The Magnetic Fields, Town Hall, NYC, 3/10/10

I planned a whole trip around seeing this show, because if I hadn't, it would have been the first time in nearly a decade that I hadn't seen The Magnetic Fields tour. This month also marks a decade since I finished buying 69 Love Songs. Having grown up in a small town without a record store, I had to save up my money and get someone to drive me all the way to the Virgin Megastore in a nearby megamall. I bought the set in 3 installations, though my introduction to the band had been through "Busby Berkeley Dreams," on vol. 3, heard on a college radio show when I was 13. Over the next year or so, I caught up on buying all of the earlier albums (at the Virgin Megastore), and the rest is history.

Getting to the venue was a bit tricky because I was staying in Union Square and when I got off of the subway, Times Square was blocked off for a Black Eyed Peas concert. There were a lot of disorienting, flashing lights and so forth, but I decided to believe that they were indeed prophecying how good my night was going to be. After making it around the block, I hung out a bit in front of the venue until they let us in.

Luckily, I had entered on the side next to the merch table, and so I saw Mike and Emma immediately and had a good chat about travel and previous shows and the Strange Powers documentary. Apparently, my outfit was also orch-folk approved by Emma, who is herself an adorable creature.

The lights at Town Hall went down at exactly 8 p.m. Laura Barrett, the opener, was gorgeous. She thanked the Black Eyed Peas for opening for her (haha) and played an instrument that I could not quite identify. It was either an mpc or some sort of stringed instrument in a box that is played with the thumbs. I quite enjoyed her song/commercial jingle about the robot pony.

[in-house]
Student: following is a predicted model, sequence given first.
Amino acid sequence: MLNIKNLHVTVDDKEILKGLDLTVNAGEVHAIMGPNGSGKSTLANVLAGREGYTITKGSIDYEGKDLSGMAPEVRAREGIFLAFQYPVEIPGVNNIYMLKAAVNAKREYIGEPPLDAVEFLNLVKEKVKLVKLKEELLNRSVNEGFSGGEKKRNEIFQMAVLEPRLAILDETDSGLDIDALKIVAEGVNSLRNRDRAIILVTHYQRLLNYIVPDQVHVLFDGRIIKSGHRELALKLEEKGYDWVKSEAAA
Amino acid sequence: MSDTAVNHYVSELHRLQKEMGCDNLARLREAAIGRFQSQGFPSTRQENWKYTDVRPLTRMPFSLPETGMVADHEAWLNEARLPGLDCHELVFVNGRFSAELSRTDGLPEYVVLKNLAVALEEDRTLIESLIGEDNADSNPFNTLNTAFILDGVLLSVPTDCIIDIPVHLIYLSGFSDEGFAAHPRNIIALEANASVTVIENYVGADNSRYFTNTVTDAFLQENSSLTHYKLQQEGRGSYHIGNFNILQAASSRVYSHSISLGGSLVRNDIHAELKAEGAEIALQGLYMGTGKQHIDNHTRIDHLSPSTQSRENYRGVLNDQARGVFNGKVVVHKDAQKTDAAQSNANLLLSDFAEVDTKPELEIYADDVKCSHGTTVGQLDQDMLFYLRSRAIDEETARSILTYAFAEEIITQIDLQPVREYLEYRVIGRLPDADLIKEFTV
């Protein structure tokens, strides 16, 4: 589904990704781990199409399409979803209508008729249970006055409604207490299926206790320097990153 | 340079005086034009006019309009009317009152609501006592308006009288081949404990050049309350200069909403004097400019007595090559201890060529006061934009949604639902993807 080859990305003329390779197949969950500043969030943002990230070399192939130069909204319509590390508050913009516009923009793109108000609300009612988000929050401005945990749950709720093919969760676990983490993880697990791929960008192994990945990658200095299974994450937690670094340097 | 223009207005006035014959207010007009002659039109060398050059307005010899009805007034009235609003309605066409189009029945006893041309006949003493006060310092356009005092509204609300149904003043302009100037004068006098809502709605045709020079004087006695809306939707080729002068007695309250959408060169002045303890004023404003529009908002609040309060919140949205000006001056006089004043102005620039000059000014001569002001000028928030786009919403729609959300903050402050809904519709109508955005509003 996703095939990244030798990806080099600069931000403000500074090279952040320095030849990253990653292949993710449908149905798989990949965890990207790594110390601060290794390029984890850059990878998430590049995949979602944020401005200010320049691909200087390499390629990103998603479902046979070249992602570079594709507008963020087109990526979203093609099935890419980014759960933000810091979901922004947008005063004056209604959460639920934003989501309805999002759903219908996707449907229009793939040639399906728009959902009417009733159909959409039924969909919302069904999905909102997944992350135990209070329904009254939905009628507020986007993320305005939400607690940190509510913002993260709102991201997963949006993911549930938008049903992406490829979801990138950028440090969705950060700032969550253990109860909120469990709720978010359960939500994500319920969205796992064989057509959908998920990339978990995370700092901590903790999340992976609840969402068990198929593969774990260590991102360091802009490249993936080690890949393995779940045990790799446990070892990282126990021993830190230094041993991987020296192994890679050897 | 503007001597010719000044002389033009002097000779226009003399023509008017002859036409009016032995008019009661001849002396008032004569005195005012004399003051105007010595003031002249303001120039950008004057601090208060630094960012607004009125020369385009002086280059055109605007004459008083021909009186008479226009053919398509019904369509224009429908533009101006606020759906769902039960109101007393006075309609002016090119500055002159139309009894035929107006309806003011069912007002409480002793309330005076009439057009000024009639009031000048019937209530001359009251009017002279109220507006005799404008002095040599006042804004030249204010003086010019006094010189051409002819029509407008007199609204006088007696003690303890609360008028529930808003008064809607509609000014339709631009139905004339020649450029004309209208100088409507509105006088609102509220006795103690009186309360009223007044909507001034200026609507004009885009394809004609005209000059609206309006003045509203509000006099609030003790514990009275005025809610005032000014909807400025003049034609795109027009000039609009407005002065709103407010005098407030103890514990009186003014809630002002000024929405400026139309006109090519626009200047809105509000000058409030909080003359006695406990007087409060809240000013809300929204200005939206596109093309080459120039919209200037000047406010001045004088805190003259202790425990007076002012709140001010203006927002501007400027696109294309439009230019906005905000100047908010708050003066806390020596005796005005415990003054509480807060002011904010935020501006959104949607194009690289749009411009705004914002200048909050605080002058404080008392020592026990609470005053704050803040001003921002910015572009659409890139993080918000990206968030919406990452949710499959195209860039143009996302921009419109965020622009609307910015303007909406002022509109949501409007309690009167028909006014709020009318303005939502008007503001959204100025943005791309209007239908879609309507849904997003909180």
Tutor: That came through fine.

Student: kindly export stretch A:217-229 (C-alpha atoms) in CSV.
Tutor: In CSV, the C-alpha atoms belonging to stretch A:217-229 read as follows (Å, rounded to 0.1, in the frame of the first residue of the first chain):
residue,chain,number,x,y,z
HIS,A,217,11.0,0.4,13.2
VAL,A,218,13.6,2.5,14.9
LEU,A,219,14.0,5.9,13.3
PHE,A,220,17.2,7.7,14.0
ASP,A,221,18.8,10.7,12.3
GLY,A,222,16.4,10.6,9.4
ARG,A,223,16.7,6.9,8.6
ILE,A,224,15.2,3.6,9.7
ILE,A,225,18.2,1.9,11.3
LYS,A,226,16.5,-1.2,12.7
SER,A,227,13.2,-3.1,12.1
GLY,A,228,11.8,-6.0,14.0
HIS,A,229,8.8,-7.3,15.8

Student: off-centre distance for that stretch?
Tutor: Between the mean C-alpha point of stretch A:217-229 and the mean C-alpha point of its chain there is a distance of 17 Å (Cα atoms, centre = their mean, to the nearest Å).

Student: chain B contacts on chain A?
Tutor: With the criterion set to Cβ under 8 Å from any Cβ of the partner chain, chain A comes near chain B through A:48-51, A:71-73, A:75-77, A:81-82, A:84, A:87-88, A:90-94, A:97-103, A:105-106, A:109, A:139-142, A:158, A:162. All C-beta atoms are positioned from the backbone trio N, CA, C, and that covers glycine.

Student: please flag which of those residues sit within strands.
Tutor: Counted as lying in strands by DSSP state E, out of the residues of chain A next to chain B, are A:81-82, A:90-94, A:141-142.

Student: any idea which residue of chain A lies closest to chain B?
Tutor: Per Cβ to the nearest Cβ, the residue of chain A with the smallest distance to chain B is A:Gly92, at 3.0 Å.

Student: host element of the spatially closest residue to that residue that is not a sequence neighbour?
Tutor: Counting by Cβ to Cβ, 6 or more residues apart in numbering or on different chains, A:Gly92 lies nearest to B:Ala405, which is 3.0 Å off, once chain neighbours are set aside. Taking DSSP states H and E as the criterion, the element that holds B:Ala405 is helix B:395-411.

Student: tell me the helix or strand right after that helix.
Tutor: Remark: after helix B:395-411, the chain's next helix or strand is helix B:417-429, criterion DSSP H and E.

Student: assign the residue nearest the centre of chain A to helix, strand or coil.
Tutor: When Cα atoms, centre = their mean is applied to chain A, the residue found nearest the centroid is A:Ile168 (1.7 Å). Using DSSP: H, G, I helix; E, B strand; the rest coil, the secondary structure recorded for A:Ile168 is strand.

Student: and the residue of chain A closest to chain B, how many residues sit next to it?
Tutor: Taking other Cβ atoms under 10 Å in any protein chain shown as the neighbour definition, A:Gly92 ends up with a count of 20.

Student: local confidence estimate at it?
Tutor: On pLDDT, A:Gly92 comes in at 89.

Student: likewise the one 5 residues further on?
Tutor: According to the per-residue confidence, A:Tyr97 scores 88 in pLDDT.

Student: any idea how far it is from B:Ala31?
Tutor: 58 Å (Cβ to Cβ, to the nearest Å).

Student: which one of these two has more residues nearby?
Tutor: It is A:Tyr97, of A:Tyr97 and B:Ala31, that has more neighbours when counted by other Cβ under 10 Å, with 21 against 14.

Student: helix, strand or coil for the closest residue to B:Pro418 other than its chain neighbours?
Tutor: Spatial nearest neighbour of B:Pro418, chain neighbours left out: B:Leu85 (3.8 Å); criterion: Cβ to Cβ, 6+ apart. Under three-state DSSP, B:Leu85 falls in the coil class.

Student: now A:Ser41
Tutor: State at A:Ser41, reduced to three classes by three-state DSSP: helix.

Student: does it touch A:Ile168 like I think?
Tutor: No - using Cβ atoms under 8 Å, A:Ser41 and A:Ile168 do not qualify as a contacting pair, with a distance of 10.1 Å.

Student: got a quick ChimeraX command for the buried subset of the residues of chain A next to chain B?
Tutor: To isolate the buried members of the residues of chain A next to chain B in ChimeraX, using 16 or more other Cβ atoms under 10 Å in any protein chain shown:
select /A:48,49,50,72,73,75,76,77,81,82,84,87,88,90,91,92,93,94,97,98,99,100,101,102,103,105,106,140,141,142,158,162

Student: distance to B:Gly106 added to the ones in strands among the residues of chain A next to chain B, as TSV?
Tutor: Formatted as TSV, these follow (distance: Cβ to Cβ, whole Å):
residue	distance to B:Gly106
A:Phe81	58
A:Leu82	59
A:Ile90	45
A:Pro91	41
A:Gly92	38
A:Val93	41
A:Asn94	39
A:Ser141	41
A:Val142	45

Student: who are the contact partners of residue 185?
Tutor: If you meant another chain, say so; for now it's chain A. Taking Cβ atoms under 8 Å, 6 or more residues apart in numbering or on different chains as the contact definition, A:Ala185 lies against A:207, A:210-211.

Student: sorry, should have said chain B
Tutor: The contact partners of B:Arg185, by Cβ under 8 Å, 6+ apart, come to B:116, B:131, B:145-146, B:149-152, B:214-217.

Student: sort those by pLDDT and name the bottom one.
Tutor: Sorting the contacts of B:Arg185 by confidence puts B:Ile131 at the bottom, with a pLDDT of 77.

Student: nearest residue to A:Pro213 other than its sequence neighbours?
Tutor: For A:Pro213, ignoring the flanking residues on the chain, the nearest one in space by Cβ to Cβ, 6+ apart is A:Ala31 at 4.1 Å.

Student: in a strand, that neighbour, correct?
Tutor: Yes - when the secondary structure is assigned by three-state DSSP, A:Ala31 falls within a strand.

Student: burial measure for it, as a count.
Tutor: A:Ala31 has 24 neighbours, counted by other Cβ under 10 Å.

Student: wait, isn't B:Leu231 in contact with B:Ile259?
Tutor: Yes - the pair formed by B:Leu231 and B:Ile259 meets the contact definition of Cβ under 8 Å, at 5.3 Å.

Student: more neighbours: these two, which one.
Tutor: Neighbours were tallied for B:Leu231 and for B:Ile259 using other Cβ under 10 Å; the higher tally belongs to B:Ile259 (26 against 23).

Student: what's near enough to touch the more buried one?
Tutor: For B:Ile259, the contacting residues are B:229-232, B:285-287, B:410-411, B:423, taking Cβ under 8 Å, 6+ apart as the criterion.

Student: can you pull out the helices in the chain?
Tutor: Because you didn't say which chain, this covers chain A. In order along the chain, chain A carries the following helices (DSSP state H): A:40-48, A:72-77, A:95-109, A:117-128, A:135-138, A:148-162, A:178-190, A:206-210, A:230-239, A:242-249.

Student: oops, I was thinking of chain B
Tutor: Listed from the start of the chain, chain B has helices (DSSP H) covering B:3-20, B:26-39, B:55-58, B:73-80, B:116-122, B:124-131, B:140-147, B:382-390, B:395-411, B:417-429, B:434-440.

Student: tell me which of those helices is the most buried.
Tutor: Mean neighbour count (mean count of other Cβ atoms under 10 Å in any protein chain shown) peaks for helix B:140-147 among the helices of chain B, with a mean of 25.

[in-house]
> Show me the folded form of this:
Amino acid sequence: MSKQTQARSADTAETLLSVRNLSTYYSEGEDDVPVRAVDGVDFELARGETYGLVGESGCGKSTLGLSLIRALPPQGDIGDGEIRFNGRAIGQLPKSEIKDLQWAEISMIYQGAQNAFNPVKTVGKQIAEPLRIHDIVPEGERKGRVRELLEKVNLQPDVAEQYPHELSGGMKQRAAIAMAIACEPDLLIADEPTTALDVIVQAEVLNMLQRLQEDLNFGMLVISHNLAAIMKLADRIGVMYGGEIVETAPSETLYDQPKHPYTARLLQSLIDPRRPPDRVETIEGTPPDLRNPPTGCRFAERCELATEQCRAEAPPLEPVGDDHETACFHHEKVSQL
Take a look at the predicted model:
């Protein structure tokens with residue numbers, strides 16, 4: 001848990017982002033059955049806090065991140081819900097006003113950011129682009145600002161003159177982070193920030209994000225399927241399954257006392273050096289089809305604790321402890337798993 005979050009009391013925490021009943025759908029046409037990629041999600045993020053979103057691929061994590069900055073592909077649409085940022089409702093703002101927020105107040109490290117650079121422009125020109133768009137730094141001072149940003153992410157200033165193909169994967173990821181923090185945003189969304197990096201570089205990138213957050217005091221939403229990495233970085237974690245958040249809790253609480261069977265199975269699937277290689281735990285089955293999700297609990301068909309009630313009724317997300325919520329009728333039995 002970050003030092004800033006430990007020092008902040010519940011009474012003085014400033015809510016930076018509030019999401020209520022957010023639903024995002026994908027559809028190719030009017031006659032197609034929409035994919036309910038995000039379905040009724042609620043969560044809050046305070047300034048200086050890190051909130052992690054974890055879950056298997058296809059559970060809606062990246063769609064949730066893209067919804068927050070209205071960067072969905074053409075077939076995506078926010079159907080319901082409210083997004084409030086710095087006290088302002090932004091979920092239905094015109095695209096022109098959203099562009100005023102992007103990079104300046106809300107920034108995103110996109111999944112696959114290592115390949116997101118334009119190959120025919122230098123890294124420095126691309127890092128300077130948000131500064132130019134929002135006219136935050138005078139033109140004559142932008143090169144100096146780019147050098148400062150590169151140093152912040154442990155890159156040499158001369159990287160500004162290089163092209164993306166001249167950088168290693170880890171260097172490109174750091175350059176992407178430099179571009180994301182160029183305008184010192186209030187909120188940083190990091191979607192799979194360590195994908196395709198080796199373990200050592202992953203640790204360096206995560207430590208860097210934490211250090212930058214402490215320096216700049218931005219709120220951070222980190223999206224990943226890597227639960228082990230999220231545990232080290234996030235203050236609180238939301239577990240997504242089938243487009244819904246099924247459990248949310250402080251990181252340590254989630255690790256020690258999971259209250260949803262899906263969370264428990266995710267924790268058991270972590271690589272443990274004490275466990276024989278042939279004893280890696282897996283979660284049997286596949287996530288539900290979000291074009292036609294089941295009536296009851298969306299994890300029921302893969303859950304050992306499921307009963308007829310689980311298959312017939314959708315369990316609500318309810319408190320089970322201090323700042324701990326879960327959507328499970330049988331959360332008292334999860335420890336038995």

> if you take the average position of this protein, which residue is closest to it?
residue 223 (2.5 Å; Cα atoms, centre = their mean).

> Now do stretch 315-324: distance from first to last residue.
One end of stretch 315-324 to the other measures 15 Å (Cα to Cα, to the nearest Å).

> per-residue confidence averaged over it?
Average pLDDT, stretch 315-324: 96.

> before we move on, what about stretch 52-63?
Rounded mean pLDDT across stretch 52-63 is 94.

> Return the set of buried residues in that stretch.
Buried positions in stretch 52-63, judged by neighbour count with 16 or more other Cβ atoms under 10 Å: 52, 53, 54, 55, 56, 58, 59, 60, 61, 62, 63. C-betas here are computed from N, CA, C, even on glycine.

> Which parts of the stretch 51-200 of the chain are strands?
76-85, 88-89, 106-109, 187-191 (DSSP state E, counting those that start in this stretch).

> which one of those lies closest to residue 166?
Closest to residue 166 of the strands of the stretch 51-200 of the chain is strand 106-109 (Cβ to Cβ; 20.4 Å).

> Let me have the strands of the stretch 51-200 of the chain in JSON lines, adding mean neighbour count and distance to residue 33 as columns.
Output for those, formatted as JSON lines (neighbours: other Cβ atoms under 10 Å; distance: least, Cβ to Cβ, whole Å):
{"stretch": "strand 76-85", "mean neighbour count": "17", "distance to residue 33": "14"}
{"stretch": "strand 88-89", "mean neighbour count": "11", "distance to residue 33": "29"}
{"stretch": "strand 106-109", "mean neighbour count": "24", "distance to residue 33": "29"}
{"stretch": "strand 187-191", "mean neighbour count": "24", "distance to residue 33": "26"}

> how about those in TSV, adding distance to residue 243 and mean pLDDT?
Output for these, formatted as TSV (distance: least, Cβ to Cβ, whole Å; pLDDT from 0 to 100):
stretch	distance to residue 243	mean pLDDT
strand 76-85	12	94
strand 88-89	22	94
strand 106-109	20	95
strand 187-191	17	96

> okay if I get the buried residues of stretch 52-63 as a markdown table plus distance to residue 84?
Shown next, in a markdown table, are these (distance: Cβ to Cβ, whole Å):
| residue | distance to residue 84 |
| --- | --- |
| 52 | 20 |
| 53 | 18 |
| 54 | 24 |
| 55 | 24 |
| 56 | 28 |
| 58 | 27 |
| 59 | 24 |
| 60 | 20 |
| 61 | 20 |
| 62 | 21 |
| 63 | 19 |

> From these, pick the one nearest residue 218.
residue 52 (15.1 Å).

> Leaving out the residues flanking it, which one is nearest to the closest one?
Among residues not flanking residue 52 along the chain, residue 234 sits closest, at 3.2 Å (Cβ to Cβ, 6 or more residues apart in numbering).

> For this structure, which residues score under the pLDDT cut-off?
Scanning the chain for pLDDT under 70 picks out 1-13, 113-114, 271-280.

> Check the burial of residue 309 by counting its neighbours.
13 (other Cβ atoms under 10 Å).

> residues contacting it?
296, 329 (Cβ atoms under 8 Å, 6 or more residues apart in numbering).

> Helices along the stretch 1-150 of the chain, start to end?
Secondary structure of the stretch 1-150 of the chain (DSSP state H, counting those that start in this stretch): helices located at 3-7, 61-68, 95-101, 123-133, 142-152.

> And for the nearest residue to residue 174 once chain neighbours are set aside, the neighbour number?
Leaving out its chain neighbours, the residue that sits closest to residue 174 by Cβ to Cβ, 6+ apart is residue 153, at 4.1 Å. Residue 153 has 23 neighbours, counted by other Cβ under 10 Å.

After an intermission, The Magnetic Fields emerged, all of them looking quite demure. Stephin, in his usual brown and beige palette and tiny ukulele , sat next to Sam Davol, who is kind of a fox and whose face I can never forget from the 69 Love Songs album art. John Woo, with his acoustic guitar, sat between Sam and Claudia, who played a keyboard. Finally, the lovely Shirley Simms sat at the end with another instrument that I am having trouble naming. Some sort of lap harp perhaps?

I was sitting in the stage right orchestra at this point, and while I had a view, it wasn't a great one. Stephin noticed that the first two rows were empty and asked people to come sit in them. And so I found myself at Shirley's feet, close enough to see the details on everyone's shoes. Sitting that close to one's favorite band (after a week of seeing a number of other nostalgia-inducing things) is so overwhelming. I cried through nearly every song while grinning widely. A few times, Stephin looked straight at me and I tried to crack a smile, but surely looked somewhat deranged with my tear-stained eyes.

Before I go through the set list, I should share the best banter of the night: